I talked after meeting with one of them, and admitted part of my past in an effort to comfort that person. It was hard to admit my far past (which could easily become my present) in order to give this person hope that there is a future outside of the addiction. Because I experienced what the addict had experienced, personally, I knew my story would help–even if I was being judged or talked about outside of meeting. This person was brave enough to come into the room and disclose, and I had hope to give.
      That threw me completely, however. The pastry case at the coffee house which had bothered me only a little was a fantasy landscape I had to avert my eyes from. I did have something which I knew was not a problem. I ate it abstinently, and I enjoyed it somewhat-abstinently . . . but I had to be mindful of each bite while I was eating it to avoid scarfing it up and going back for more. Luckily, I had empathetic people around me, and my soul got its nourishment so I could eat somewhat out-of-compulsion (entirely out of compulsion would have been not eating it at all, knowing I was emotionally distraught). But it was painful.
     
     
      Recent events have led me to believe that I need to connect with my SLAA sponsor and work Steps One through Three. In both programs, I need to do a Step Four. I am finding myself more and more in the love addiction compulsion, and it is scaring me.
      When I am in the love addiction, it’s like I am a completely different person. Manic, manipulative. That sense of literally dropping my natural self off and picking up this vain seductress costume occurs. I tack on the sex addiction part of my admission because of the face of my addiction. This is terrifying to admit, but I want this rigorous honesty out there, in case someone else sees it and is helped by it:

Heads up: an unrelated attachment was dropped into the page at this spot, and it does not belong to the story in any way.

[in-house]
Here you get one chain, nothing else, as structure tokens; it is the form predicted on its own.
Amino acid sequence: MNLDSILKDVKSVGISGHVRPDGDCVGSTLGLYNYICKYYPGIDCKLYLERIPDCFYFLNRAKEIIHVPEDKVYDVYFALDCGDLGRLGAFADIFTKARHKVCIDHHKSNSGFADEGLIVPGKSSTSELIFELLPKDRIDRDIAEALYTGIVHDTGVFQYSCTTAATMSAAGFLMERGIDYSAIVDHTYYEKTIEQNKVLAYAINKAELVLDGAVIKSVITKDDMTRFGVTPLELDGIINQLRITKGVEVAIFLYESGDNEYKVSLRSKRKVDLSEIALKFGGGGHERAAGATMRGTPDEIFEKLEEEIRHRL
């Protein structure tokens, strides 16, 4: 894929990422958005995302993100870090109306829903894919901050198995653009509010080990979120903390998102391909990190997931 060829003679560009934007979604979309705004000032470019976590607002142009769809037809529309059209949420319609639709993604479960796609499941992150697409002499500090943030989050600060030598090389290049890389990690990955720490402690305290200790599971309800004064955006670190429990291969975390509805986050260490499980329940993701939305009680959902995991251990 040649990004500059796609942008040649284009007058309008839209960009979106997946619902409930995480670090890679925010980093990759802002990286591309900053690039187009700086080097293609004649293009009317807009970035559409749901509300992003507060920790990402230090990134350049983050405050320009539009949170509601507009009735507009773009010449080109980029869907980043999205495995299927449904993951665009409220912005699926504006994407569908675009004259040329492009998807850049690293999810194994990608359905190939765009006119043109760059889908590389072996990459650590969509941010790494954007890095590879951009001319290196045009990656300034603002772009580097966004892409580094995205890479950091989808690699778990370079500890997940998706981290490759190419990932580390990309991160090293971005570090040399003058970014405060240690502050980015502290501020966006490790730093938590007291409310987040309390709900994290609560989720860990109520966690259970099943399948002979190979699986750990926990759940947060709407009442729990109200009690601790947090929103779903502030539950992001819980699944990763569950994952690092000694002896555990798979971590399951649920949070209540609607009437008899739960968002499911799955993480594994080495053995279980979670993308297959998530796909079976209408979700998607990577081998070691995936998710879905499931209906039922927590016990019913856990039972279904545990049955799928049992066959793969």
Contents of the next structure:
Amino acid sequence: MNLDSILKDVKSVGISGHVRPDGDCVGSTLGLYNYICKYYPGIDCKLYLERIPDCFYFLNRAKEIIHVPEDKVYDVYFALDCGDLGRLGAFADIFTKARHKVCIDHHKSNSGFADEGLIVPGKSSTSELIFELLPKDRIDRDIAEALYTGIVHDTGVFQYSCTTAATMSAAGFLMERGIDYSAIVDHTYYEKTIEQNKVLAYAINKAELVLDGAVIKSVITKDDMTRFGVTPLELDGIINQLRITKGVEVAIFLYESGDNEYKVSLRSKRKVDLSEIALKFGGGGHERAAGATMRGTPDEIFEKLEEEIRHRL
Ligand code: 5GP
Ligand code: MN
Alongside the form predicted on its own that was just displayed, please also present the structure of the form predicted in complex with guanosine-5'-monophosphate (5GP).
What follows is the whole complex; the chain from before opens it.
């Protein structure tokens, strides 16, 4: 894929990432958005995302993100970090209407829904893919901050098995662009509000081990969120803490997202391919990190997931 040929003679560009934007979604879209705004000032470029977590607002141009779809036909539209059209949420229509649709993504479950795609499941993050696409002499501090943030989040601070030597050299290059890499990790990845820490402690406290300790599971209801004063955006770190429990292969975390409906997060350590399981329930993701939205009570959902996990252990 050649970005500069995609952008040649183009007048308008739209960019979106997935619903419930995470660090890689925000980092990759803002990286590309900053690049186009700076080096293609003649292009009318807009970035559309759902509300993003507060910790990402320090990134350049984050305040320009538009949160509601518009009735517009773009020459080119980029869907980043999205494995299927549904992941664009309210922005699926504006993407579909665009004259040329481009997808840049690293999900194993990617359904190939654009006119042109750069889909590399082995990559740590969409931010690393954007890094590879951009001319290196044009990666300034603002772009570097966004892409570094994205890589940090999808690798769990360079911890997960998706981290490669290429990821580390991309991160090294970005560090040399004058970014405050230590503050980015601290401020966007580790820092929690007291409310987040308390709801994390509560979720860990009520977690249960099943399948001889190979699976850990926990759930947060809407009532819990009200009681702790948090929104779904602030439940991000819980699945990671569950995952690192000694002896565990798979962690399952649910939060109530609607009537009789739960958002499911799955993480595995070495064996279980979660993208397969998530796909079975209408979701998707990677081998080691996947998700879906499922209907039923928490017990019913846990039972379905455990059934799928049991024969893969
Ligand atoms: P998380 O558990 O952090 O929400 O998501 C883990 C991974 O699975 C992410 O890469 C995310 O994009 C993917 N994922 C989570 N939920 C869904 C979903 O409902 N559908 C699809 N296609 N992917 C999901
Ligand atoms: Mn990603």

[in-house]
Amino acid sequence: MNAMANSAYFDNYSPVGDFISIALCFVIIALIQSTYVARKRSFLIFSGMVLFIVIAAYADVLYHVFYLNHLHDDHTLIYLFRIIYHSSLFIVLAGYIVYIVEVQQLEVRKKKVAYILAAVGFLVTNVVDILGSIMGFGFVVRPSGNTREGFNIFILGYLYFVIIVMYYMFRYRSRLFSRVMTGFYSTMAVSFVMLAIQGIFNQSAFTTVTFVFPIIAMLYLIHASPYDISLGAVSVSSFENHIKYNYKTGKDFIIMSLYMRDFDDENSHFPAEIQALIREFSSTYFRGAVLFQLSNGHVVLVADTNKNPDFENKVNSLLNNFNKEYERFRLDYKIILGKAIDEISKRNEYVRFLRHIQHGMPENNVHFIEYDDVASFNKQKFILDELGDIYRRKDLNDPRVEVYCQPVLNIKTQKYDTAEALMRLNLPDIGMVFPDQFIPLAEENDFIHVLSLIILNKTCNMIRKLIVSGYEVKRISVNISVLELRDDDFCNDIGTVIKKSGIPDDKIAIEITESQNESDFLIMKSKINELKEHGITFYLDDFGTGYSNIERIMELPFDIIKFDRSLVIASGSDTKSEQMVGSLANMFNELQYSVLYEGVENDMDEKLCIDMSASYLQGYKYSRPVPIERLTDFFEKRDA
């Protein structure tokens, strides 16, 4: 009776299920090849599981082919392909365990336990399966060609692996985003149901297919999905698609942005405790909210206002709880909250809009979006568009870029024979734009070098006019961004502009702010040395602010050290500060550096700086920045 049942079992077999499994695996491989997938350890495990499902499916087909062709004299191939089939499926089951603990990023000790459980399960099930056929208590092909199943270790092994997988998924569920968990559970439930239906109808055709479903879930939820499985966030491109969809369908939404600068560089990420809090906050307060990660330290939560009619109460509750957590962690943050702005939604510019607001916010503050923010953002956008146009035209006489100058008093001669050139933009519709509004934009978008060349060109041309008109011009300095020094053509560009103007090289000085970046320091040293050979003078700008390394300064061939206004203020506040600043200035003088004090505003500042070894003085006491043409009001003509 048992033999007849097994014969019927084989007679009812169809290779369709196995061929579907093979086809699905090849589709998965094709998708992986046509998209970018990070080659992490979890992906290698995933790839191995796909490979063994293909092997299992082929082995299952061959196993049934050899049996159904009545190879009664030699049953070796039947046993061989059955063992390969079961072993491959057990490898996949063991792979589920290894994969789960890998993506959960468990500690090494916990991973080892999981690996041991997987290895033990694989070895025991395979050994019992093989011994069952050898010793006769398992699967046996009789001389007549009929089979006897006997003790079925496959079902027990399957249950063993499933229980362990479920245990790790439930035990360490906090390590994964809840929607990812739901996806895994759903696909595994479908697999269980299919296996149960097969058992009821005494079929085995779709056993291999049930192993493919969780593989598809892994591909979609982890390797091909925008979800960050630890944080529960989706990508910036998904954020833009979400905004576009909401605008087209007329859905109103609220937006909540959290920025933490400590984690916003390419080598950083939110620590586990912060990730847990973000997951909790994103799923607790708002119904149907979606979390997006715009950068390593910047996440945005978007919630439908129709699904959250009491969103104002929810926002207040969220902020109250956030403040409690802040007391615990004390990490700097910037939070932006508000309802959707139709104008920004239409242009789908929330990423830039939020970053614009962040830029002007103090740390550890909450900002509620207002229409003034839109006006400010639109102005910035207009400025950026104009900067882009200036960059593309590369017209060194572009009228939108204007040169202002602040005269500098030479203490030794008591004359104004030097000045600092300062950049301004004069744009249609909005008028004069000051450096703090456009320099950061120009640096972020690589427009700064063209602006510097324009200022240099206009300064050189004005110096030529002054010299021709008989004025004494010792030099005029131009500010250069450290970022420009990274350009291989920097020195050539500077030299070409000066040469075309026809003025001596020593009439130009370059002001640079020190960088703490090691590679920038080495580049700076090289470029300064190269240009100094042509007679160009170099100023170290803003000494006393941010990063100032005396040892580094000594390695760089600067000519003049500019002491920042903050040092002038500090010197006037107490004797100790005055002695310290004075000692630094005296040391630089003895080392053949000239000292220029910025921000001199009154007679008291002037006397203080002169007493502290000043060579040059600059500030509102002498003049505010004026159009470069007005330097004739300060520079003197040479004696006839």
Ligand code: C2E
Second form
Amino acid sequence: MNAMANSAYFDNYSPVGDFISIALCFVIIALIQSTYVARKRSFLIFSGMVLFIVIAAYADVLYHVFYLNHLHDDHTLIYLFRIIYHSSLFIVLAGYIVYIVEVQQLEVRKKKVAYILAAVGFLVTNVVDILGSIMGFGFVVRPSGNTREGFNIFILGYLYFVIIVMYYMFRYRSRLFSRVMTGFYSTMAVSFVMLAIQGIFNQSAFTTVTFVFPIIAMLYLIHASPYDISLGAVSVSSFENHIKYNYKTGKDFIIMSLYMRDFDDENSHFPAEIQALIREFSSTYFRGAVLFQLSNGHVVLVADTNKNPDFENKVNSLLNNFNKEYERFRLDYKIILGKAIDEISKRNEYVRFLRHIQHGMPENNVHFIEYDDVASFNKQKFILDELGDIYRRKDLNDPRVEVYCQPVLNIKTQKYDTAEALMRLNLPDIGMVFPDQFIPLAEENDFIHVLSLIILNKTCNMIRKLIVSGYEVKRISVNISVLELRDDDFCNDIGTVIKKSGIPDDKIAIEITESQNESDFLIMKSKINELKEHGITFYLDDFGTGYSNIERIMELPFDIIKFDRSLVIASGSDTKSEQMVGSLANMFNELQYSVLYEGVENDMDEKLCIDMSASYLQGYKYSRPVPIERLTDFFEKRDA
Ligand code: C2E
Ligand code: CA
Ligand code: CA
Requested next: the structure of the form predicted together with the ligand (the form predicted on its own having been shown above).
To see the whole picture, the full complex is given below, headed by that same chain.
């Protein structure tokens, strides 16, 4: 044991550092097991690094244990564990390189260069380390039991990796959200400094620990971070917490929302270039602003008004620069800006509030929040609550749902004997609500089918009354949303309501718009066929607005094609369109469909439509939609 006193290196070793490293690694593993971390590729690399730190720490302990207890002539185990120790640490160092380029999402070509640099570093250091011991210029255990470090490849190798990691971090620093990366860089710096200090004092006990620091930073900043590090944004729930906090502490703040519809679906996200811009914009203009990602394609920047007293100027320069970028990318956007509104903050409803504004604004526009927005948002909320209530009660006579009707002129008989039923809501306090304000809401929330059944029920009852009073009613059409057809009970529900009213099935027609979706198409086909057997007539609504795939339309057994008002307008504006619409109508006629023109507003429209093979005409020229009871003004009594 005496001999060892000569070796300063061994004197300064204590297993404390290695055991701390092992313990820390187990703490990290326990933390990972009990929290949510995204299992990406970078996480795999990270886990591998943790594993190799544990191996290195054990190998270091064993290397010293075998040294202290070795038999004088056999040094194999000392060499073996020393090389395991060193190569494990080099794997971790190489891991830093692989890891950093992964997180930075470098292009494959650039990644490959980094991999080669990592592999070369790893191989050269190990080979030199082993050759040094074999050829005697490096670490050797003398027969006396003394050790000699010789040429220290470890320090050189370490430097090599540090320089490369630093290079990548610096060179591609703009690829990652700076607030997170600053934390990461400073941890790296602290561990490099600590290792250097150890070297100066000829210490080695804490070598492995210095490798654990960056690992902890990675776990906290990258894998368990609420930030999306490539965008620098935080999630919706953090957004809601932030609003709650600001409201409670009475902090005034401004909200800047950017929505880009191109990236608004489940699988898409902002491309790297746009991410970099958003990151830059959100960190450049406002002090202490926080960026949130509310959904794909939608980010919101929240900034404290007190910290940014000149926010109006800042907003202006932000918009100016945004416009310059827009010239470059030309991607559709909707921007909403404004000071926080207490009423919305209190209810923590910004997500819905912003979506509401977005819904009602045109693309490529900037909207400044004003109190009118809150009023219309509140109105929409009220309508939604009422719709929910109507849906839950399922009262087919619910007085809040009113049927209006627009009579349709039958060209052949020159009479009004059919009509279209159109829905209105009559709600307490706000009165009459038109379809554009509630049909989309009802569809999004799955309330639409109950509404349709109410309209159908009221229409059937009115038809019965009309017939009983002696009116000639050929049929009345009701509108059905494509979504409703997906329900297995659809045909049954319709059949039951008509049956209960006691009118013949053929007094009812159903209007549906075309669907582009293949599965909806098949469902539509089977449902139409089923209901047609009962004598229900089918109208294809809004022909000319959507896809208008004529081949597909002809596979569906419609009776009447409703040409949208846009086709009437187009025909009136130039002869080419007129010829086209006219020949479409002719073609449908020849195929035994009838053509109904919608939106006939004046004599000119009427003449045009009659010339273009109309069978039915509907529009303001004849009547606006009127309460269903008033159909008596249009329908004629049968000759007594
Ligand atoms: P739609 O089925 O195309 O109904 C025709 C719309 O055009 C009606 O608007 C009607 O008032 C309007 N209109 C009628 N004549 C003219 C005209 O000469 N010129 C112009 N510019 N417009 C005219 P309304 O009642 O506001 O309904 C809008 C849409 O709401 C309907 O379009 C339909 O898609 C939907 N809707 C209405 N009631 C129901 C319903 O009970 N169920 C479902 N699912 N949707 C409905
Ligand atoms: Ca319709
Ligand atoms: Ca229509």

I crave approval from external sources. I don’t turn to women because they’re competition. For that non-sexualized comfort zone, I turn to gay men. We aren’t in competition because the men who would go for me would not go for them; the men who would go for them would not go for me. Though the lines get blurred when active bisexuality gets mixed in, I somehow have a swift shut-off toward bi men. They slide into the “gay” category.
      This tells me immediately that this is sexualized, because a bisexual looking for a committed love can find it in either sex because they’re seeking a soul–not the vessel. However, a bisexual looking for a good time will make it clear. And that’s when the shut-off occurs. Too risky.
      Twisted addict thinking that straight men aren’t risky comes into play. There’s a huge denial factor involved–both in that I am looking for “friendship” (using manipulation and vain sexuality? Puh-lease, Jess!), and that the man could potentially be the cure to all my ills (I do Distressed Damsel very well . . . it’s the primary net I cast when seeking approval).
      I then lie to myself, telling myself that my life is boring. That I want to have one last thrill before I’m too old. I use euphoric recall in that moment, going backwards to a time when I grabbed attention pretty easily. I doubt my attractiveness, my ability to even get any external approval at all. What I edit out is the hours I spent weeping, wishing I were dead because the pain and despair I experienced when I was acting out was agonizing. Thank HP I have the recovery I do have, because that’s the first thing my HP puts in my head. It shocks me out of it and reminds me that this supposedly “boring” life is simply one lived without getting the chemical jolt of attraction.